Battlefield Medical Care

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One of my passions is the study of history, more specifically Civil War history, and the history of medicine. Medicine and the Civil War are intertwined in many ways. Following the Battle of Gettysburg, Union surgeon Bushrod James wrote “No written nor expressed language could ever picture the field of Gettysburg! Blood! Blood! And tattered flesh! Shattered bones amid mangled forms almost without the semblance of human beings! Faces torn and bruised and lacerated.” In total, that one battle saw upwards of 51,000 casualties and 7,000 dead. The carnage was so massive in part because of technological advances in weaponry. Prior to the Civil War, opposing sides had to be very close to each other in order to inflict damage on the other side. Guns were smooth bore muskets that fired round lead balls. They were very inaccurate at more than 10 or 15 yards. Napoleonic battlefield tactics consisted of opposing lines of men who fired two volleys at each other, followed by a bayonet charge. Thus, wounds were mostly of a stabbing and slashing nature. The Minie ball changed all that. Designed in 1849 by French Army Captain Claude-Etienne Minie, it was conical with a concave bottom. It increased both the accuracy and distance of a musket. Its wounds were devastating. The lead minie ball would flatten on impact, smashing through tissue and splintering bone. As a result, Civil War wounds consisted of only 5% stabs and slashes, 85% minie ball wounds, and 10% artillery wounds, which, due to the use of grape and canister shot at close range, were devastating.

Battlefield casualty care made great advances during the Civil War, especially on the Union side. In 1862 at the Battle of Fort Donelson, Union General U.S. Grant had his chief surgeon, Henry Hewitt, move regimental surgeons and their stations up to the front, at times only yards away from the fighting. Another of Grant’s surgeons, Bernard John Dowling Irwin, realized that too many wounded men were dying on their trip north to hospitals. He established the first true field hospital, using captured rebel tents and organizing them into treatment, surgery, and recovery areas. This allowed the wounded to recover sufficiently before their trip to a hospital. Survival rates soared. Union Major Jonathan Letterman took lessons learned from Hewitt and Irwin and established the first integrated battlefield medical evacuation system. At Gettysburg, the Union Army had more than 650 medical officers and over 1,000 ambulances. Letterman had each division contain a medical director who ensured that every division had at least one fully staffed field hospital with aid stations based as close to the battle as possible.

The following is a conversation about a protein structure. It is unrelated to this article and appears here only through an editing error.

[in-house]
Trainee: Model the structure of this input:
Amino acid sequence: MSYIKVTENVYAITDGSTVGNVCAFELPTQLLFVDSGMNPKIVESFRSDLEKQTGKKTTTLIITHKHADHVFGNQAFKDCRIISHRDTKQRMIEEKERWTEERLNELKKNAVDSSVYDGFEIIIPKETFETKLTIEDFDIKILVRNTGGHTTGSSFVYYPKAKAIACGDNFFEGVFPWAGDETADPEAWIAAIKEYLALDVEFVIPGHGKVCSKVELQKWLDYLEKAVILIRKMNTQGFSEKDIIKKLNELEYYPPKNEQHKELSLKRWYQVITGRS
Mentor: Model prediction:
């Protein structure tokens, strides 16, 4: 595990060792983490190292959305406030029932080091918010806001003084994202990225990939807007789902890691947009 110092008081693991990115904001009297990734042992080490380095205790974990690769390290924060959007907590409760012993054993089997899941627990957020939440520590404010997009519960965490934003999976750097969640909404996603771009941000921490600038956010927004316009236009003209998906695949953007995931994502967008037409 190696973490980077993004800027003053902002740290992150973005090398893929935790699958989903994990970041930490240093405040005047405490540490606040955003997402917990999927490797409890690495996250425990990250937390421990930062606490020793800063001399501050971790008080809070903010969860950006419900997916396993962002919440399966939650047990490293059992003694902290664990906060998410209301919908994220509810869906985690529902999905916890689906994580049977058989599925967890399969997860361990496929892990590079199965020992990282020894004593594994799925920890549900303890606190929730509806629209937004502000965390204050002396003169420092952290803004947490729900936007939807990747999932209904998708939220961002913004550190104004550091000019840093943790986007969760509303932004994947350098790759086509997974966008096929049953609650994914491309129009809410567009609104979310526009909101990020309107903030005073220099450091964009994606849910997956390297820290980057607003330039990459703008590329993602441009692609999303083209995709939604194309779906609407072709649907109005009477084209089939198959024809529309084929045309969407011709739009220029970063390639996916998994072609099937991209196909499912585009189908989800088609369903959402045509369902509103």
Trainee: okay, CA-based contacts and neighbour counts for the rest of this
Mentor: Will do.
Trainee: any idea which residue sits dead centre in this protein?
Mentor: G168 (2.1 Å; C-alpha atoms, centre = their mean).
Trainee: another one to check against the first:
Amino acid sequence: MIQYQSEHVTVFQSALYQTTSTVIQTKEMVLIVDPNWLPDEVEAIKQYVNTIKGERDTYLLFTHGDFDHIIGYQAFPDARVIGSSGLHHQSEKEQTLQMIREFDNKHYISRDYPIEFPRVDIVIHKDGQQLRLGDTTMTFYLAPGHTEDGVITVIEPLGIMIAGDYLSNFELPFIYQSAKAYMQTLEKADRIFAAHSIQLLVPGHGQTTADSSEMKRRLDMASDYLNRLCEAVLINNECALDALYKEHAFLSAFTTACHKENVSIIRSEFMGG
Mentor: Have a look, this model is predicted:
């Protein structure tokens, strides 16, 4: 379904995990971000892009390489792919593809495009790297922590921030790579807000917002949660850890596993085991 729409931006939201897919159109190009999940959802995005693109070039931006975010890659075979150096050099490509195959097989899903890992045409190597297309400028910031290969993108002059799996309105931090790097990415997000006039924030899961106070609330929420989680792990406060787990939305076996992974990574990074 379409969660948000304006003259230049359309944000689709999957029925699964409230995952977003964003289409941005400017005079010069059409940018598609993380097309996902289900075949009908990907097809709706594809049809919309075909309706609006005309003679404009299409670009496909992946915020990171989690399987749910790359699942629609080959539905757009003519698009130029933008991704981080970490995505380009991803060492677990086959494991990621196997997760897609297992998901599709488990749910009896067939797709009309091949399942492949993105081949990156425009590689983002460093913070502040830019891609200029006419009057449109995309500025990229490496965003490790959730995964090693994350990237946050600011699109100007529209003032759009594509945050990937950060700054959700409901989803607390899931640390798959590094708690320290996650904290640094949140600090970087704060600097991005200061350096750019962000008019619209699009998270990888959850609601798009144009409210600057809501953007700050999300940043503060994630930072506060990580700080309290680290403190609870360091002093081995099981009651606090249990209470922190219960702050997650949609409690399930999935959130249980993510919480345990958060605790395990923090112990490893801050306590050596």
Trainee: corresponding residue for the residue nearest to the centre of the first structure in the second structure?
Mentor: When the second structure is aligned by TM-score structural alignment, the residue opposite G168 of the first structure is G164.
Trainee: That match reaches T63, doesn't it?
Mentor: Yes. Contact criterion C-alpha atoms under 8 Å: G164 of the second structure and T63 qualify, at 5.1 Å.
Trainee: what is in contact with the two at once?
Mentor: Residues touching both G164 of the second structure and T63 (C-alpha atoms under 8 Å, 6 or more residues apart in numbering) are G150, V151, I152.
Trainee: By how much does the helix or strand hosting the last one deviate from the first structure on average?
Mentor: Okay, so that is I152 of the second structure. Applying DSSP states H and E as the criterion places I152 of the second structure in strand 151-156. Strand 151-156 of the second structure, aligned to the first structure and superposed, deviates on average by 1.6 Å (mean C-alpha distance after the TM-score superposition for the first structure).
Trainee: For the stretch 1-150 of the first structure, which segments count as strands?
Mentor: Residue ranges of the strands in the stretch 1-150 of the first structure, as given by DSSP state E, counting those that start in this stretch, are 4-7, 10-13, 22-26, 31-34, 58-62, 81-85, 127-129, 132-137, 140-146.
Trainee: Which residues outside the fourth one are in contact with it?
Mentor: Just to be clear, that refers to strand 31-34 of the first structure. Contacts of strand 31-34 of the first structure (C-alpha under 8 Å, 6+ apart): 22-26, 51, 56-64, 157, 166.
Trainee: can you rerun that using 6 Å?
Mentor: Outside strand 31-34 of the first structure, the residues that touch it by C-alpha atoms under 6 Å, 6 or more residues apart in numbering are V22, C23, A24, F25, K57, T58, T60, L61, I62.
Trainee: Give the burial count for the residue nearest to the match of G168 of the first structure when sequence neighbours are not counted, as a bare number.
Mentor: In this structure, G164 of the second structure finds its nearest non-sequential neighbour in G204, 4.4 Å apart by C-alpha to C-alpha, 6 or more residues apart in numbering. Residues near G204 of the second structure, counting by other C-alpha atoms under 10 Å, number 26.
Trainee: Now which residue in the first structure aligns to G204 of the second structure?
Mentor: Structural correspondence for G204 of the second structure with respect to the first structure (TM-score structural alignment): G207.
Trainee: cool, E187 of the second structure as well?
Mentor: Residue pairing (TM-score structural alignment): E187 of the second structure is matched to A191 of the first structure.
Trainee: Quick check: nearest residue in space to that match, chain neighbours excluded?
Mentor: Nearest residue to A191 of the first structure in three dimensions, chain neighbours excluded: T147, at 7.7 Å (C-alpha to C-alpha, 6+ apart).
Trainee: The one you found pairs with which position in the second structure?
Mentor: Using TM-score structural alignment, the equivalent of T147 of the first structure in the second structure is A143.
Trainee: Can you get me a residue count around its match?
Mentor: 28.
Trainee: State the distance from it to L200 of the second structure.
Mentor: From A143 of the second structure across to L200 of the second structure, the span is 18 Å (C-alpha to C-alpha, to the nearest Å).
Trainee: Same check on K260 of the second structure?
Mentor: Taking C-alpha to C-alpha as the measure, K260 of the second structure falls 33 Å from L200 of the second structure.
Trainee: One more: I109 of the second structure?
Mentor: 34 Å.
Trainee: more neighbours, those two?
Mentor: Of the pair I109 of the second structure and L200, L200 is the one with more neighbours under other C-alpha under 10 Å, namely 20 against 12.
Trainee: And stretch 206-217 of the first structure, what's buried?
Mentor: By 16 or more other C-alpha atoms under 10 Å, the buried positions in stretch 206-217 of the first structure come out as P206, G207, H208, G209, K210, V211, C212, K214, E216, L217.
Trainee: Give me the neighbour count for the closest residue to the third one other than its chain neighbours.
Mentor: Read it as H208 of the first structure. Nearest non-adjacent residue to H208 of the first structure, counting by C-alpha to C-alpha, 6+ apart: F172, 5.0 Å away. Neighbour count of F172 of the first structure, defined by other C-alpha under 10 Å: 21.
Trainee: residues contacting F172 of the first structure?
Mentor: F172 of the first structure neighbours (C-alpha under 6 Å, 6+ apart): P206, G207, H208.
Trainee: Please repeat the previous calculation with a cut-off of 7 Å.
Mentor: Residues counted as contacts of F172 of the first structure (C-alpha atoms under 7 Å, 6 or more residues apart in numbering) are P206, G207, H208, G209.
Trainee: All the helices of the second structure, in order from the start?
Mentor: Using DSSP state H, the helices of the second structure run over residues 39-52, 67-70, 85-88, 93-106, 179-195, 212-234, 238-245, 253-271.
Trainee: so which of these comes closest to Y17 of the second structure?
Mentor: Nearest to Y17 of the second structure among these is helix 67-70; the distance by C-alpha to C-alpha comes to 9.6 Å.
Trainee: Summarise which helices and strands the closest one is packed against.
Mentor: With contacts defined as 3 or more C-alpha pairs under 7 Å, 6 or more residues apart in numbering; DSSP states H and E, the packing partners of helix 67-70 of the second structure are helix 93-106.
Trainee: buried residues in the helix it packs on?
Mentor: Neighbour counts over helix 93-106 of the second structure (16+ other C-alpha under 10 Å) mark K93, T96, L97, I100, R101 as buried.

Unfortunately, the actual medical care the soldiers received was very poor (by our standards) because modern surgical and infection control procedures had yet to be discovered. Any limb wound was treated by amputation with the surgeon using the same instruments from patient to patient. Often, in order to save time, the surgeon held the bone saw in his teeth. Gangrene and sepsis were common. Ether and chloroform were both available and widely used, at least on the Union side. Pain control used morphine, opium, and whiskey.

For more information you can visit the National Museum of Civil War Medicine in Fredrick, Maryland. www.civilwarmed.org 

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 By Peter Galvin, MG

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